1. Could have the fall or trip have been prevented by the local council?

If you have had a fall due to a faulty pavement that you think has fallen within breach of the duty of the council then you have a valid reason to make a claim for council accident compensation claim. Not all faulty pavements fit the criteria allowing those to make a claim if they have tripped or fell due to a faulty pavement. The pavement must have a defect (a rise or be sunken) of at least an inch to qualify a person to be able to make a claim; meaning that a pavement that is broken or faulty must have a height defect of 1 inch.

  1. Has the area only recently been checked by the local authority or council?

Council and local authority’s do have a duty to ensure that public areas are safe for the public to walk however if the public area was checked within a reasonable time frame and no visible defects found that fall out of the council criteria then it may not be viable to pursue a claim. All highway authority’s have a system in place where areas are checked at regular intervals to ensure that they are considered safe for public use, the length of each interval will usually go on how much traffic the area is likely to get.

  1. Has the accident happened within the last 3 years?

The general rule of making a personal injury claim whether it is a road traffic accident, accident at work or a slip, trip or fall is that is has happened within the last three years. There are exceptions to the rule of course but it remains that the majority of compensation claim cases must be pursued within three years of it happening.

  1. Is the injury substantial enough to pursue a council compensation claim?

Many people fall in public places due to faulty and defected flooring or pavement however the fact that one has fallen is not enough to pursue a compensation claim the person must have been injured to appoint that is considered worthy of making a claim against the local authority or the council. Often scrapes and bruises are not considered an injury that warrants compensation from the local authority. It is quite difficult to know how much a person needs to be injured in order to make a personal injury claim, if the injury is sufficient enough to cause considerable pain and alters a person’s day to day life for a certain amount of time it is enough to make a claim.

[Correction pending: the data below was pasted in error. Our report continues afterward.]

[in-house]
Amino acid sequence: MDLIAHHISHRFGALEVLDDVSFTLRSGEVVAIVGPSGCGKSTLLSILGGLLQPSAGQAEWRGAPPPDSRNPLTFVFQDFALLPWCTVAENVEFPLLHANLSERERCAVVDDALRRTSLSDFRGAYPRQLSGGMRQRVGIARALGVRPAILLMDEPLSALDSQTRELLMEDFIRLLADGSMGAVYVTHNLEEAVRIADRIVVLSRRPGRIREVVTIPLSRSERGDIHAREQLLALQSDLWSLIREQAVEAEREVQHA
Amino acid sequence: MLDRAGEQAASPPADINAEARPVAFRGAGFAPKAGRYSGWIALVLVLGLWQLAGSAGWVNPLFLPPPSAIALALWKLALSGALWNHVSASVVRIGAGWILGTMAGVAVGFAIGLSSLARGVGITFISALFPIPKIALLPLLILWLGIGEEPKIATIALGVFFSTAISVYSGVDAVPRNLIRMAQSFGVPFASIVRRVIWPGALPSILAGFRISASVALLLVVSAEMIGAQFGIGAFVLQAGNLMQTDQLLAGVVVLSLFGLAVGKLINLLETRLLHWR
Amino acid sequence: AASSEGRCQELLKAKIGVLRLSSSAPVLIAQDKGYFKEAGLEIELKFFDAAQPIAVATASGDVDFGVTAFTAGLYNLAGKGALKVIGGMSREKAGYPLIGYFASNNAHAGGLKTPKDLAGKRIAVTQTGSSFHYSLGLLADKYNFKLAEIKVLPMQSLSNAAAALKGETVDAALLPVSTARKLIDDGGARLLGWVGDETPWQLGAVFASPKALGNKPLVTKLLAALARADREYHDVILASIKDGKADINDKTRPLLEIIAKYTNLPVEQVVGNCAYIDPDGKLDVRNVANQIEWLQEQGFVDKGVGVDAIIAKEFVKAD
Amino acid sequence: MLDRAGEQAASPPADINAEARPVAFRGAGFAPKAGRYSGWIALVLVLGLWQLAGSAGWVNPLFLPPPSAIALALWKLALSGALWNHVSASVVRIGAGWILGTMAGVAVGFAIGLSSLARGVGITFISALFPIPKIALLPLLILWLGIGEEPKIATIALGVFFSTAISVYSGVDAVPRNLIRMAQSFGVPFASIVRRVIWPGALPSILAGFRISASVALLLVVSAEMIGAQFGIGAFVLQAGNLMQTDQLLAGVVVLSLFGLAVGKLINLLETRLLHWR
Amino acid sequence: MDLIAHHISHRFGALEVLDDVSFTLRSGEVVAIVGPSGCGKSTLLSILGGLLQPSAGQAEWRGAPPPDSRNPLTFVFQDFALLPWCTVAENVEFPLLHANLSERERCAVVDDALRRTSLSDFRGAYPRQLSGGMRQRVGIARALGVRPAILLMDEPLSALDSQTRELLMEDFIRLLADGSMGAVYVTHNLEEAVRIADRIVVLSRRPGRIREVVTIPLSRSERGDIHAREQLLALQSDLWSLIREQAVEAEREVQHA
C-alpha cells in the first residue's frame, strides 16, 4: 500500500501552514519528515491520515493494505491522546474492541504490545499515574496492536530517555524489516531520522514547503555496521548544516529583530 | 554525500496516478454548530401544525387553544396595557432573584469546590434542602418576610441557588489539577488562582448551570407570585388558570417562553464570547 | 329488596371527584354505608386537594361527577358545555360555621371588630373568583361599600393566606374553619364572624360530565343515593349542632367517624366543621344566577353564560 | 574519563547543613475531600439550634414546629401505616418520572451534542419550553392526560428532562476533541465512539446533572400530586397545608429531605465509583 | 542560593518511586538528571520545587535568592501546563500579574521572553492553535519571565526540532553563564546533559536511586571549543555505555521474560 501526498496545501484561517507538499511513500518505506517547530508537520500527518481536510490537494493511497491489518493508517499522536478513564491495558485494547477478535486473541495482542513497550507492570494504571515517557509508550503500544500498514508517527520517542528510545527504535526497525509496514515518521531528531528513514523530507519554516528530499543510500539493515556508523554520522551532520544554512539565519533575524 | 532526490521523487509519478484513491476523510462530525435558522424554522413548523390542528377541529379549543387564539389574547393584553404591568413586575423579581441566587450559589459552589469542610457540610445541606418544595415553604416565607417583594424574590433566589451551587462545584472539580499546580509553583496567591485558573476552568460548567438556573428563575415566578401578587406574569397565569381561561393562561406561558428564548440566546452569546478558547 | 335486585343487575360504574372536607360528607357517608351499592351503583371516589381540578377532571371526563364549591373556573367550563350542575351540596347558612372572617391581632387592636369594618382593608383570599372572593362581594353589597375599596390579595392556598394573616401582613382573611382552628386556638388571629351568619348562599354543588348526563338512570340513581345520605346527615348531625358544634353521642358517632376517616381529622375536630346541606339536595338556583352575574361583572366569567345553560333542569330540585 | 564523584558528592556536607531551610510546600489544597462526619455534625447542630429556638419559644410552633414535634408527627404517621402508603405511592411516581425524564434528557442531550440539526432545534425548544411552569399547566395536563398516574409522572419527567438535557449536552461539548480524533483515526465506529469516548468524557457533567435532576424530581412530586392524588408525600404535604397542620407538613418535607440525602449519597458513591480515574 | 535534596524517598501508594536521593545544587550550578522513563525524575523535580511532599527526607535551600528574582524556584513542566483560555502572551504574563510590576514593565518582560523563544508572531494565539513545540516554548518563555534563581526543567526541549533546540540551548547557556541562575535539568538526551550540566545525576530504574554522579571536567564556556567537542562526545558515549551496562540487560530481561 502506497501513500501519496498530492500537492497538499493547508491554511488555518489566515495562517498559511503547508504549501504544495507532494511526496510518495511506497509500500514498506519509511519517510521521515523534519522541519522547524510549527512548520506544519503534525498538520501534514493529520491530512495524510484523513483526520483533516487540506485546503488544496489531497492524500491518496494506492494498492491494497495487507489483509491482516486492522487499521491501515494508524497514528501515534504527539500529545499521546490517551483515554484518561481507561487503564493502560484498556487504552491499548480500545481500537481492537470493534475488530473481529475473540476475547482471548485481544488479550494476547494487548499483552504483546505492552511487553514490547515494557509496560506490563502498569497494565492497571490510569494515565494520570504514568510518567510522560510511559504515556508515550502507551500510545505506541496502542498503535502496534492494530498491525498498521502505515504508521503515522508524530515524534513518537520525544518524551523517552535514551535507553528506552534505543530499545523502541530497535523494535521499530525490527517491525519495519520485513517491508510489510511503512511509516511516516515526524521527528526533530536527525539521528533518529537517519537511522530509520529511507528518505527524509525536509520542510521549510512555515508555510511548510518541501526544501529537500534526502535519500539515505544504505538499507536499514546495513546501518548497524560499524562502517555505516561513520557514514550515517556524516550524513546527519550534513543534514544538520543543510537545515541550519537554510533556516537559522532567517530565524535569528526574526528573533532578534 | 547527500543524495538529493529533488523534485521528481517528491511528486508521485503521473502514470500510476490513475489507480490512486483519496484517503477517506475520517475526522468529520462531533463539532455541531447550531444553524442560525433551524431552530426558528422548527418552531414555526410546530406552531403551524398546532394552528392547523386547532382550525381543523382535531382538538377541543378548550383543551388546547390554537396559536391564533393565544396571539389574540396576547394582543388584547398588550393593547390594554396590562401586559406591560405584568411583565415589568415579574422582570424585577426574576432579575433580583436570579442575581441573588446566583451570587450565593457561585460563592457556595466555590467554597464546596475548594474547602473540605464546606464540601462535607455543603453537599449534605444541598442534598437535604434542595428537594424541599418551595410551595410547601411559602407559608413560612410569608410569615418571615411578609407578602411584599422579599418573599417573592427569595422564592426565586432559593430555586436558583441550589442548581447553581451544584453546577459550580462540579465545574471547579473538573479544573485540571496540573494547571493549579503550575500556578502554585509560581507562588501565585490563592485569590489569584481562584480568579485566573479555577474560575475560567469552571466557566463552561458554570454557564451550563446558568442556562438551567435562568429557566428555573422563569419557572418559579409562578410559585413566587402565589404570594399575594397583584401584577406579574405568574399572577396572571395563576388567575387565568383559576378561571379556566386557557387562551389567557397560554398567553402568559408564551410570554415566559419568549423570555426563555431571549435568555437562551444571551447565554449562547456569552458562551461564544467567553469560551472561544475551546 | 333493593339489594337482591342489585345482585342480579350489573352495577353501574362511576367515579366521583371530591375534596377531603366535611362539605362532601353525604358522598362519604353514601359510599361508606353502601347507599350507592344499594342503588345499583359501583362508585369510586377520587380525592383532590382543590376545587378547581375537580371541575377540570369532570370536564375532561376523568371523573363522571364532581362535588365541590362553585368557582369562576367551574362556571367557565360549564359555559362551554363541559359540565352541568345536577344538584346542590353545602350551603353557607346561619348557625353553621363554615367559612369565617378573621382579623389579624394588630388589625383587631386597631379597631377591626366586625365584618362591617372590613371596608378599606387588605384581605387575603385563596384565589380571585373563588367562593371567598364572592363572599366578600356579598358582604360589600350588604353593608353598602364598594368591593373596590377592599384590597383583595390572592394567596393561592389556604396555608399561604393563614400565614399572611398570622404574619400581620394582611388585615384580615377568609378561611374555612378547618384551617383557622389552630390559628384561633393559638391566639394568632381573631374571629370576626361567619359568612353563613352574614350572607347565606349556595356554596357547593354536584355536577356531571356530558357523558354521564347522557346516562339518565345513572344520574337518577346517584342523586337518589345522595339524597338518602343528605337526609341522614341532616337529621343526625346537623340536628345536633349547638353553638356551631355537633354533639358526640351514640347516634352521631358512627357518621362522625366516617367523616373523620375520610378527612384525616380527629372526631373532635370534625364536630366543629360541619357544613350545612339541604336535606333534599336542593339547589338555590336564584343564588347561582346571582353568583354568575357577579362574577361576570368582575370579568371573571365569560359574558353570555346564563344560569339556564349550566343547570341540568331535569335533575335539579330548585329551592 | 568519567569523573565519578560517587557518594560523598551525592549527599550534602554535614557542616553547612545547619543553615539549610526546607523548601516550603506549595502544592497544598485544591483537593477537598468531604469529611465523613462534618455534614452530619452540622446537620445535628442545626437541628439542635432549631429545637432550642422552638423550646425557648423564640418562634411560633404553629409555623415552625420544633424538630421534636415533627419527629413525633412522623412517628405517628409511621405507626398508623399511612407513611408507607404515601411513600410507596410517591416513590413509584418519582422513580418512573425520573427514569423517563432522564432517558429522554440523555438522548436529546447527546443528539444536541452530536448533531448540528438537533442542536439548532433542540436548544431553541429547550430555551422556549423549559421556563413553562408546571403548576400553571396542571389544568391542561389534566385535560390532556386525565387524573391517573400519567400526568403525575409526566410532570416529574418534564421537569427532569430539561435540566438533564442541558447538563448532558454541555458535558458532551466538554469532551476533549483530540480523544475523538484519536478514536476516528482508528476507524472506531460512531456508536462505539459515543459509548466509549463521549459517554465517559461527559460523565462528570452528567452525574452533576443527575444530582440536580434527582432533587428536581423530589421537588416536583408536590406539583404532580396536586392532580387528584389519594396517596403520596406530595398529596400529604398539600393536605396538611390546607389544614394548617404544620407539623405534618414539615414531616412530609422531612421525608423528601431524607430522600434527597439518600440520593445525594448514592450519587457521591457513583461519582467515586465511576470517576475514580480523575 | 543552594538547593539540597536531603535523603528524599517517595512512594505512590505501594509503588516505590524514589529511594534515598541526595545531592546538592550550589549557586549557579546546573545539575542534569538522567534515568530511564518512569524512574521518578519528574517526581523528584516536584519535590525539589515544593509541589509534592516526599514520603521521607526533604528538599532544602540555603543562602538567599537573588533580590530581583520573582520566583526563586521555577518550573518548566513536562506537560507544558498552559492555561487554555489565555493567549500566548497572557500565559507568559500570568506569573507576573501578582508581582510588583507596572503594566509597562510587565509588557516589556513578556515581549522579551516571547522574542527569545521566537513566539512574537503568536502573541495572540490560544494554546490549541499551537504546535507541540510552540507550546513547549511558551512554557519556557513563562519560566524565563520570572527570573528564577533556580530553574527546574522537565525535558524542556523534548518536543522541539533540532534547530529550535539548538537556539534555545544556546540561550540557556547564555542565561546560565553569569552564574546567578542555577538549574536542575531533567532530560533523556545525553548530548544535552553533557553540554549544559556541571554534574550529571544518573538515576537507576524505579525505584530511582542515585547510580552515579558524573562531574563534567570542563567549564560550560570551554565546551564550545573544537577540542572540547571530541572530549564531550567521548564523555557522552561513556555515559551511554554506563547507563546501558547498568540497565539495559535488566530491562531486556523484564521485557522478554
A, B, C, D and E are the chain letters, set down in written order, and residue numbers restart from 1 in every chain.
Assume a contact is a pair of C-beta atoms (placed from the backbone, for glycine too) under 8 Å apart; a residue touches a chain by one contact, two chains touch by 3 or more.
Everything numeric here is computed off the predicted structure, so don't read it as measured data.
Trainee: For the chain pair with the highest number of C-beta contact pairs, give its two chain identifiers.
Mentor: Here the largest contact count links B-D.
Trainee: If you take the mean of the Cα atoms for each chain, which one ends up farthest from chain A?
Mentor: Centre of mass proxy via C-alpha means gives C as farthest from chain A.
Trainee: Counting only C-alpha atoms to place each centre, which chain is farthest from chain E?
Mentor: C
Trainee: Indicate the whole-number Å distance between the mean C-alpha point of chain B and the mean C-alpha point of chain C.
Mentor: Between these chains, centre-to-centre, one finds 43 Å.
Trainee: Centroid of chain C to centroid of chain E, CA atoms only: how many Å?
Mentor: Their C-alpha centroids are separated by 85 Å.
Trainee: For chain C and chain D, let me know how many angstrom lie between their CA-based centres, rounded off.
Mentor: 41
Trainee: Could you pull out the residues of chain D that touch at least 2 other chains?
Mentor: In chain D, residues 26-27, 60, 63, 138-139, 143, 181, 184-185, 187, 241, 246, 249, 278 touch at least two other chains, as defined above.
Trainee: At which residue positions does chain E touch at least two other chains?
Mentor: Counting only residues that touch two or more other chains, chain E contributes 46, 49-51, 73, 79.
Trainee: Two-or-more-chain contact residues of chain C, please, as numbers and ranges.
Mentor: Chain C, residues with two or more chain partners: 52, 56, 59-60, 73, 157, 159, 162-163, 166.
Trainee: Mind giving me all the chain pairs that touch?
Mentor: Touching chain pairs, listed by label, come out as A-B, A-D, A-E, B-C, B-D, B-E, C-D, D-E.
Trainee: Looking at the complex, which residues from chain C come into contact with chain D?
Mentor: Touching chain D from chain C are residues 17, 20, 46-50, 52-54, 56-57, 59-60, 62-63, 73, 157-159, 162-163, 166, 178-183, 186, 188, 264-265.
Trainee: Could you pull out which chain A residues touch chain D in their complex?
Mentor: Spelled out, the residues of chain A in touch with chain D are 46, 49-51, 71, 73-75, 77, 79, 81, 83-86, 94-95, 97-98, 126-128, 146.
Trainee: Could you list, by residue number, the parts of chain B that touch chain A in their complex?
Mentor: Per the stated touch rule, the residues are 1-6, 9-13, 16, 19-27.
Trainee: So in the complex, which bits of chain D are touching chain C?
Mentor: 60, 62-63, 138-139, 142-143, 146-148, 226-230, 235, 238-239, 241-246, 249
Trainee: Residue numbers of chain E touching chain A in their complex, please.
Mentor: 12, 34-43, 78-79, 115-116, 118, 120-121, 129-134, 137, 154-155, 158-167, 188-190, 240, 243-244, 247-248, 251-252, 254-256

What to do if you have Suffered from a Serious Injury due to the Local Council or Authority?

If you have been a victim of a trip or fall due to faulty or defected pavement where the local authority have a duty to ensure it is safe for the public to use there are a number of steps you can take to start your claim;

  1. Gather Evidence

It is vital to gather as much evidence as possible as quick as possible. The council won’t accept a claim if there is no evidence of the incident location and its defect. As the council and local authority have a criteria of what is accepted as negligent it is important to gather evidence to back your claim up.  Not only take images of the defect also if this is a claim regarding a broken pavement then the council will want a measurement of the rise of the pavement so it is important to take images with a ruler or tape measure showing the measurement of the defect. Images of the surrounding area are also key to show the exact location of where the incident took place.

  1. Medical Care

It is important to have your injury documented either with your GP or the A and E department so that there is evidence of the injury. It is not essential and injury claims made against the council still can succeed without medical evidence put it makes the case that much stronger, it also backs up what you are claiming.

  1. Seek Legal Advice

It is always best to seek legal advice when ever wanting to pursue any type of personal injury claim as they are the ones with the knowledge on how best to move a case forward. Most personal injury claims are pursued using a No Win No Fee agreement or a Conditional Fee Arrangement so often there is no financial risk (always best to read every contract fully). Personal injury solicitor’s deal with council claims on a daily basis so can assist you with any council injury claim you think you may have.

How to Report a Faulty Pavement Flag that can Cause an Injury to the Public?

It is most local council’s responsibility to ensure public areas are safe for the public including; pavements, grass and scrub areas along with general public surroundings. If you spot a problem that you feel is a hazard to the public you can report it to your local council or use the council report problem pavment site for further information.

 

Epilepsy in the UK: FAQ’s

For over a half of a million people living in the UK, epilepsy is not simply an abstract condition but a very real everyday fact of life.

While for the most part those living with the condition are free to go about their lives in very much the same way as everyone else, there still exists a stigma and several misconceptions surrounding life with the condition. As these misconceptions can at times lead to serious implications and dangers, addressing them and providing the correct information is paramount as it could potentially mean the difference between life and death, within the confines of the most serious situations.